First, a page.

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eISSN 2582-0427 || || Crossref Member || UGC-CARE Enlisted || Journal Impact Factor


Generally speaking, ‘intelligence’ refers to one’s ability to learn about, learn from, understand, and interact with one’s environment. In the first half of the 20th century, psychometric theorists like Spearman held that intelligence is a basic ability that determines the performance of all cognitive tasks and that it can be measured through IQ tests. On the other hand, the cognitive-contextual theory of intelligence that flourished in the second half of the last century held that cognitive processes operate in various environmental contexts. Among these theorists, possibly the most influential is Howard Gardner, who advanced the theory of ‘multiple intelligences’ (MI theory) in 1983. Refuting the age-old concept of intelligence as a single entity, Gardner held that there exists a multitude of intelligence, that are independent of each other, and that each intelligence has its strength and limitation. In the perspective of teaching-learning, MI theory recognizes each of the learners’ uniqueness in his/her own ability. It holds that each can flourish according to his/her area of strength if given the proper environment and opportunity. This theory makes educators rethink over organizing and reflecting on curriculum, assessment, and pedagogical practices in the classroom. However, the reorganization of the classroom environment based on MI theory has many practical constraints. Teaching-learning of beginners in a specially structured classroom with a few students might be a way out to design the education system according to MI theory. Due to these limitations, MI theory has remained, among significant parts of the academic fraternity, a theory only and not practicality.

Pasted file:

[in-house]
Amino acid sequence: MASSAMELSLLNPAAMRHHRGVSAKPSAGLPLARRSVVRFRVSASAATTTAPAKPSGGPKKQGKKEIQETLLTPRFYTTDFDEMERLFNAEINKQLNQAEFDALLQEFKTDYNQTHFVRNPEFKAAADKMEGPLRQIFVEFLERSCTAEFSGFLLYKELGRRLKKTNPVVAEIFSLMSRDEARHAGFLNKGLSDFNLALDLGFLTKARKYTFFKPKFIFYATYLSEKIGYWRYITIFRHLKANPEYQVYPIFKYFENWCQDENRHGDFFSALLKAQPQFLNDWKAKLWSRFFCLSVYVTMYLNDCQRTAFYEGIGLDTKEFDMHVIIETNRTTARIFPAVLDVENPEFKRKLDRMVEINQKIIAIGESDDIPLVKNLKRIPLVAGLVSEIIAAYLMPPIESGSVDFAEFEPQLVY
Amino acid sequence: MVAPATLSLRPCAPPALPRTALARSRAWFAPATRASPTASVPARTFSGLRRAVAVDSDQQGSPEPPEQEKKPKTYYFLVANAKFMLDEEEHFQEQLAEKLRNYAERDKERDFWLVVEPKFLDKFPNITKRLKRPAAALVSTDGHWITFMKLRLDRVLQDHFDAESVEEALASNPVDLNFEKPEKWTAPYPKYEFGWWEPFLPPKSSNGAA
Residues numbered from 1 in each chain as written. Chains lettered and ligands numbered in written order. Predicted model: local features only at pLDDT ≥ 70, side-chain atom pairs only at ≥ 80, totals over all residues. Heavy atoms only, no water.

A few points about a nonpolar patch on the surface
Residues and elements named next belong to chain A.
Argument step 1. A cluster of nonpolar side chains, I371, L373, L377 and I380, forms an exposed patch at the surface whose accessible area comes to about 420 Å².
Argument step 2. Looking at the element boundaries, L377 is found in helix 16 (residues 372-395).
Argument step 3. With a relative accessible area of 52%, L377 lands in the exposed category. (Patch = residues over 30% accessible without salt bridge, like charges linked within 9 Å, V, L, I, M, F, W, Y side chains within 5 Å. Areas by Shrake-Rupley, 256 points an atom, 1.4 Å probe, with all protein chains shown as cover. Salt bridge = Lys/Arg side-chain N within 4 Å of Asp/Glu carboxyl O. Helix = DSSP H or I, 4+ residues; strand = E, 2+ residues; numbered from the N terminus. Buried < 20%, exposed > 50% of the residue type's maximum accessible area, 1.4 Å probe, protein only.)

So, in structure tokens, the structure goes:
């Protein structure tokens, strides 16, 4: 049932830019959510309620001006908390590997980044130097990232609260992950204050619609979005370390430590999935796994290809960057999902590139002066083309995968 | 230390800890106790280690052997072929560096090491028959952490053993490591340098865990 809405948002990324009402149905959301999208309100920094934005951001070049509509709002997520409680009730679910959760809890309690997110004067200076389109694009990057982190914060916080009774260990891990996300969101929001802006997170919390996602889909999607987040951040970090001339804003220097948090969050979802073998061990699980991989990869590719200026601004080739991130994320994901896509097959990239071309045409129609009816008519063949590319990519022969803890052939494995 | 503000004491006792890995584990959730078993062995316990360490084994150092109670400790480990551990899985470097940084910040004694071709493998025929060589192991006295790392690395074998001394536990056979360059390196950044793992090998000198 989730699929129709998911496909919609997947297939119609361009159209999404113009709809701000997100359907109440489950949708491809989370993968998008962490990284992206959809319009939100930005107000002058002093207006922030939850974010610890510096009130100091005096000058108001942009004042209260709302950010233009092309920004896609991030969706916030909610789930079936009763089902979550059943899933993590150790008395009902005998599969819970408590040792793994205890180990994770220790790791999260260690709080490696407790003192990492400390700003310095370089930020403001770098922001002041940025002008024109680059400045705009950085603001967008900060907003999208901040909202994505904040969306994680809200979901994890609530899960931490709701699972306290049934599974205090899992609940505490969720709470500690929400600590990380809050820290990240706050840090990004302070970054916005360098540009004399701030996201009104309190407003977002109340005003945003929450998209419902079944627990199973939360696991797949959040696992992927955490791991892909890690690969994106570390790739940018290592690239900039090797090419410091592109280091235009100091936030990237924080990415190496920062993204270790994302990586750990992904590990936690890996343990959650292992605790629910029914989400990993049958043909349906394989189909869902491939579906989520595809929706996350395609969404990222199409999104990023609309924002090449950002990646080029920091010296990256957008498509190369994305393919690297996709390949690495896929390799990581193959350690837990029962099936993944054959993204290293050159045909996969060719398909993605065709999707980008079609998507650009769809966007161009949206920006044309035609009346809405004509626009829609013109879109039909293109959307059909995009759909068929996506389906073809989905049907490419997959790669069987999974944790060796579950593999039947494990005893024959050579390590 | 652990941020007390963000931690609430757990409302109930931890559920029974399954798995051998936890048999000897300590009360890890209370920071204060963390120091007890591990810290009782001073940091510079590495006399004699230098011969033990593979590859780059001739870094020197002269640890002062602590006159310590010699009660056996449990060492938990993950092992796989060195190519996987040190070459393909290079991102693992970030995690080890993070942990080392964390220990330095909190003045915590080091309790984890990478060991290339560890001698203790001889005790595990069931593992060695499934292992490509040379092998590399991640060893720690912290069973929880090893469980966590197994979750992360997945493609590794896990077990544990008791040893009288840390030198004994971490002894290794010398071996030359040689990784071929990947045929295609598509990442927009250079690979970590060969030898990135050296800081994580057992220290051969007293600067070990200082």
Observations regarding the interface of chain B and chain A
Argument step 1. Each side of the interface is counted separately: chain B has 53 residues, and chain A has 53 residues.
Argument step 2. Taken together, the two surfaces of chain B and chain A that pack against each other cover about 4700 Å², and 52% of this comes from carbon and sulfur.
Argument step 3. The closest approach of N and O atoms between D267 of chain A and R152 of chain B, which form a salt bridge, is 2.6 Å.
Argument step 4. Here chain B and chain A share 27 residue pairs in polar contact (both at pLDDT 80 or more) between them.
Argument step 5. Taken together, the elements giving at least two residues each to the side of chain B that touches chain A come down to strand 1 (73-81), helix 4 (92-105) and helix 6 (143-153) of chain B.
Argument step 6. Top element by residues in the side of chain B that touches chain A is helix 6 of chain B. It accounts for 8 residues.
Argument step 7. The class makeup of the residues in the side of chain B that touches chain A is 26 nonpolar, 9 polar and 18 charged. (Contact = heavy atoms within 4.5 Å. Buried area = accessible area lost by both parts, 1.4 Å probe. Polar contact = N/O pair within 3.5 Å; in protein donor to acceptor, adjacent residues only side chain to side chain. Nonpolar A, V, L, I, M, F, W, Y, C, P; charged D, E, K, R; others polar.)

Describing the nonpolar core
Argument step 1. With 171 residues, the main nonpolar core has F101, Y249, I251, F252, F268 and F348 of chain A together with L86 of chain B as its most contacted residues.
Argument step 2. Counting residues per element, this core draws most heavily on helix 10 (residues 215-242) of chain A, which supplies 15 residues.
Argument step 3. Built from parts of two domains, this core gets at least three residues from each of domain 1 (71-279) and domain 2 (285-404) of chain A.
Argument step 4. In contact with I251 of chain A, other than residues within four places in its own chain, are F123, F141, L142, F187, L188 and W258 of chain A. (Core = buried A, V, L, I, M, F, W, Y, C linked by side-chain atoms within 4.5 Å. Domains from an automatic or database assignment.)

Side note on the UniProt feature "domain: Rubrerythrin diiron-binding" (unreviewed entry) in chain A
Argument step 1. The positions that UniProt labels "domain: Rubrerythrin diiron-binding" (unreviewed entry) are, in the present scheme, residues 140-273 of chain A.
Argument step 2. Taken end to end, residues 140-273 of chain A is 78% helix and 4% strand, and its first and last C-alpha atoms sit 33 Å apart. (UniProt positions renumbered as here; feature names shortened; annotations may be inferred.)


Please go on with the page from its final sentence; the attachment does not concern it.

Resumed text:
Keywords: assessment, cognition, individualized learning, intelligence, MI theory, teaching-learning

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